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I’d Walk a Mile for a Fee

In parts of the country where labor unions are weak, especially the Deep South, the organized left consists mainly of personal-injury lawyers. They obtain, in a few dramatic cases, the economic redistribution that is out of reach by legislation. The leading personal-injury lawyers are rich, confident, aggressive people who are big political contributors and therefore are in close consultation with Democratic politicians. They try wholeheartedly to influence the direction of government and often succeed. The form of the tobacco-control legislation now before Congress makes sense only if the bill is understood as a product of the power of trial lawyers.

The true father of the tobacco bill is not its author, Senator John McCain, but a lawyer in the Gulf Coast town of Pascagoula, Mississippi, named Dick Scruggs. Scruggs made a substantial fortune suing asbestos companies, on behalf first of workers with lung disease and then of the state of Mississippi’s program to remove asbestos from public buildings. Plaintiffs’ lawyers generally charge their clients no fee up front but collect a big share of the damages if they win. Scruggs made $5 million from the state asbestos case alone. By the early Nineties, the time of the opening of Peter Pringle’s Cornered, he owned a Learjet, two mansions on the beach in Pascagoula, another house in Key West, and two yachts—a typical array of possessions for a leading member of the plaintiffs’ bar. He is an active Republican, but in 1996 he contributed $40,000 to national Democratic Party campaign organizations, and his law firm contributed another $20,000. He has no trouble getting the attention of officials in either party.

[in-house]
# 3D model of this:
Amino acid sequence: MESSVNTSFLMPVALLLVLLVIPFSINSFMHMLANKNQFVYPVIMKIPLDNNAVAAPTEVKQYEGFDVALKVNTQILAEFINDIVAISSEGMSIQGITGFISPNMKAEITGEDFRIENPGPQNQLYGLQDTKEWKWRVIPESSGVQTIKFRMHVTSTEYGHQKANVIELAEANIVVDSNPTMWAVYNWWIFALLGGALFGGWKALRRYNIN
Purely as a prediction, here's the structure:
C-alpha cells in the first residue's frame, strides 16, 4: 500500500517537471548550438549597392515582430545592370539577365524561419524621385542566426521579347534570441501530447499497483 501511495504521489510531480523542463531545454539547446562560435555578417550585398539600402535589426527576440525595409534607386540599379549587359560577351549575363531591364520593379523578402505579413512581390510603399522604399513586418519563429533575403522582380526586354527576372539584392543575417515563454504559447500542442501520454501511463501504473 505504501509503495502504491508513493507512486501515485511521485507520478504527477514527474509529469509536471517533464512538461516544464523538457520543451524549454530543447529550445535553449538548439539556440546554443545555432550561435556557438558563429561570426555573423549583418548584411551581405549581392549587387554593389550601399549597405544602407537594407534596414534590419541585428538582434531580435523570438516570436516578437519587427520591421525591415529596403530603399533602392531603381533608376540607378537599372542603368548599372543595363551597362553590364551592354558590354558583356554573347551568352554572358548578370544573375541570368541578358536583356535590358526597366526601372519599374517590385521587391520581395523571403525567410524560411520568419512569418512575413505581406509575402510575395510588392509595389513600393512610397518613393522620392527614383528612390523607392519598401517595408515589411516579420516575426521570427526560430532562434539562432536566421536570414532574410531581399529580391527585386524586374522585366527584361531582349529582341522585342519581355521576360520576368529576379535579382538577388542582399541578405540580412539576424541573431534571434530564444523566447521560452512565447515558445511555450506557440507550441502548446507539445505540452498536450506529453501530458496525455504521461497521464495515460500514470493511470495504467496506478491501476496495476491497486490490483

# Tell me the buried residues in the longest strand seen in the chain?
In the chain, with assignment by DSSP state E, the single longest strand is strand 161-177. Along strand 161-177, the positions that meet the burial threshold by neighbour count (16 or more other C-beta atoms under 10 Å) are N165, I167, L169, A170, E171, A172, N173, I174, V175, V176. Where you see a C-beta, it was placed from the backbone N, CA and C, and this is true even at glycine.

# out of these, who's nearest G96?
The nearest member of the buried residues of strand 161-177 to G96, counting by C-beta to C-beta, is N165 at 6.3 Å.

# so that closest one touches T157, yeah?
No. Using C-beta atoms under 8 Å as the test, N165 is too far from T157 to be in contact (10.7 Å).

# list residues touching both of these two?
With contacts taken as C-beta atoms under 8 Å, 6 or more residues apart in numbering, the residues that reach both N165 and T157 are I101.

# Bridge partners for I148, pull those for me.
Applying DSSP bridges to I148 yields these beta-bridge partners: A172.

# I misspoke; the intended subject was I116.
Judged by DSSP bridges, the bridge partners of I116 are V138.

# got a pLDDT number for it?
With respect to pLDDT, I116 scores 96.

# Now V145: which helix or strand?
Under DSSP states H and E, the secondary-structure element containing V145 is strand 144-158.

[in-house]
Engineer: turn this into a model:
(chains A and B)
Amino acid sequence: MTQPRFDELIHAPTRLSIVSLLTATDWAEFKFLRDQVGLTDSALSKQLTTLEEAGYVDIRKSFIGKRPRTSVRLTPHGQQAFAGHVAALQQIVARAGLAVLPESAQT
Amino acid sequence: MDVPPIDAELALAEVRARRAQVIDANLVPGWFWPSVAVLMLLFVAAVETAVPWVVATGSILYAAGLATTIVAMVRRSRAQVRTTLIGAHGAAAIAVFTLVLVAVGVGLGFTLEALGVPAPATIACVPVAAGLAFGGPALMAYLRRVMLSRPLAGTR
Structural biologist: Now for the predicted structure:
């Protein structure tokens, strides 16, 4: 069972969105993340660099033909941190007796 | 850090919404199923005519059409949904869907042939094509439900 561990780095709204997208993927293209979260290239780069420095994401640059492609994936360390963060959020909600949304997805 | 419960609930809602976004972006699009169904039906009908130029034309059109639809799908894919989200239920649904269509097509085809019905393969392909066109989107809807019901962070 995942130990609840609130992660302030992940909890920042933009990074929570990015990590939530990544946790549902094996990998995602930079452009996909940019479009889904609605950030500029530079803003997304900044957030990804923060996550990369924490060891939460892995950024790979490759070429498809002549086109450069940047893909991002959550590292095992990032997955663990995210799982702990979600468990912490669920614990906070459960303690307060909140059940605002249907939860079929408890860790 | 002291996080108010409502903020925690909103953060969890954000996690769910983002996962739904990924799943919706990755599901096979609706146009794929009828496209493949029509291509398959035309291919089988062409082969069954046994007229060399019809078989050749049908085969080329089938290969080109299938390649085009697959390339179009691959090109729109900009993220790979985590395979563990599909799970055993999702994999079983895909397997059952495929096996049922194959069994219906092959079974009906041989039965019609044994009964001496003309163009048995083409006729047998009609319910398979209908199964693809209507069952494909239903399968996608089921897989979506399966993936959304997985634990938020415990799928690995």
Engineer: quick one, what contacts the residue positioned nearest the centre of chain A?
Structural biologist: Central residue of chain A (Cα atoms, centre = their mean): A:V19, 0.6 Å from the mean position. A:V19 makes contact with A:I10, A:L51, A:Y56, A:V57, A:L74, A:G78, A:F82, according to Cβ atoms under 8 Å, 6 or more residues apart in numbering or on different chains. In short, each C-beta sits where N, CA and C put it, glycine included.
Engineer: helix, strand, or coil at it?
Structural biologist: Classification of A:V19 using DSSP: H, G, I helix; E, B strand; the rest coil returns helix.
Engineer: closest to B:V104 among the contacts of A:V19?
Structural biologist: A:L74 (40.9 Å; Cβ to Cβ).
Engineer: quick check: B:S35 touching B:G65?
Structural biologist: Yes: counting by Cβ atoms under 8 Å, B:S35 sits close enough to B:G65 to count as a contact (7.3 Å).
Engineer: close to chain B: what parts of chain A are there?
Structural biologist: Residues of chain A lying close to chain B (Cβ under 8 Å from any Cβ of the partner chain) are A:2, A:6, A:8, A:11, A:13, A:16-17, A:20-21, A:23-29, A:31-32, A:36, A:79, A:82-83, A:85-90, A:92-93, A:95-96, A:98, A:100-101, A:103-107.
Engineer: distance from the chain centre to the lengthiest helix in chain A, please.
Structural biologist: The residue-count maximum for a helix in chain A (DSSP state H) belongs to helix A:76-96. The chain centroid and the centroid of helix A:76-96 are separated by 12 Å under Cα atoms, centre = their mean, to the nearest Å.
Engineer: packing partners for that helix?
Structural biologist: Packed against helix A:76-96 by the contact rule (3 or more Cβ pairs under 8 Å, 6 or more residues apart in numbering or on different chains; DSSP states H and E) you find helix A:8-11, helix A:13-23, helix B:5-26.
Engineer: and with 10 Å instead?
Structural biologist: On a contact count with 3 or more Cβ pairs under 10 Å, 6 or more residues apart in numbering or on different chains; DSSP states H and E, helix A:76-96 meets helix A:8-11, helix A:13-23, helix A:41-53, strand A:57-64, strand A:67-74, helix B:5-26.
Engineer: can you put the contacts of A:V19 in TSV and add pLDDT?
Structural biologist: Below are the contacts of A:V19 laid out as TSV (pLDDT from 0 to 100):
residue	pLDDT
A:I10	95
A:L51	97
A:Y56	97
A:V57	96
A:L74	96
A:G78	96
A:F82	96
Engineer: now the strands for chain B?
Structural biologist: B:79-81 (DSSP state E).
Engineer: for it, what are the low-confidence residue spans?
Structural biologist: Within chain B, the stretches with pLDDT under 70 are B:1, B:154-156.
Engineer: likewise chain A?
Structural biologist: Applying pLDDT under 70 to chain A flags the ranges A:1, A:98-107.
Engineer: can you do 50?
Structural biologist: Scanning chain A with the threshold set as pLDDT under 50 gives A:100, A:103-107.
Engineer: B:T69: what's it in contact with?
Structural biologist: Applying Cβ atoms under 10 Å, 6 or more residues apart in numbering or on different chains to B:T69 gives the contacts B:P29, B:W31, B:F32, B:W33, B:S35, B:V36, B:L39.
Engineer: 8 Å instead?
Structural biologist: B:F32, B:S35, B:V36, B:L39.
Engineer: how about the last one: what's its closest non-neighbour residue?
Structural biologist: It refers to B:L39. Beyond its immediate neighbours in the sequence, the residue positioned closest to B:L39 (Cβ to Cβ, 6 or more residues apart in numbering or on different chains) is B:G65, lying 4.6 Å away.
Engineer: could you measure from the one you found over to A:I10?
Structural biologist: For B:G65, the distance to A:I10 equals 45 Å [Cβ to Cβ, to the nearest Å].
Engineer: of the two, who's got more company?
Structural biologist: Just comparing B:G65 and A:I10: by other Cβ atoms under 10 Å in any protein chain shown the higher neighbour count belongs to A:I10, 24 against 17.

It is exemplary of the clubby relationship between trial lawyers and politicians that Scruggs is close to Mississippi’s ambitious young attorney general, Michael Moore—their friendship dates back to their student days at Ole Miss. Moore hired Scruggs to try the state’s asbestos case and was pleased with the result. In 1993, another Mississippi trial lawyer called Moore to suggest that the state sue the tobacco companies to recover the Medicaid expenses associated with smoking. Moore put him in touch with Scruggs, who by now was well acquainted with the ins and outs of lung disease litigation. By the end of the year Scruggs was working on a Mississippi lawsuit against the tobacco industry. S. 1414, the Universal Tobacco Settlement Act of 1998, is a lineal descendant of this suit.

The first scientific experiment to demonstrate that tar from cigarette smoke causes cancer in mice was conducted by Ernst Wynder of Memorial Sloan-Kettering Cancer Center in 1953. During the forty years between Wynder’s study and the Mississippi lawsuit, cigarette manufacturers had an amazingly successful run in the courts. As Pringle says: “The figures spoke for themselves. Eight hundred and thirteen claims filed against the industry, twenty-three tried in court, two lost, both overturned on appeal. Not a penny paid in damages.” The industry’s strategy was a tobacco version of the Colin Powell doctrine in military affairs: clear mission, overwhelming force. The mission was to demonstrate that smokers know they are taking a health risk, so if they get sick it’s their fault, not the tobacco companies’. The force included multiple law firms on every case, extensive research into the backgrounds of potential jury members, the hiring of local eminences as “consultants” to the defense, and the filing of so many requests and motions that the understaffed plaintiff’s side couldn’t possibly keep up. The best plaintiffs’ lawyers are individually much richer than their counterparts on the defense, but they don’t run large law firms and so can’t match a full-dress corporate defense effort.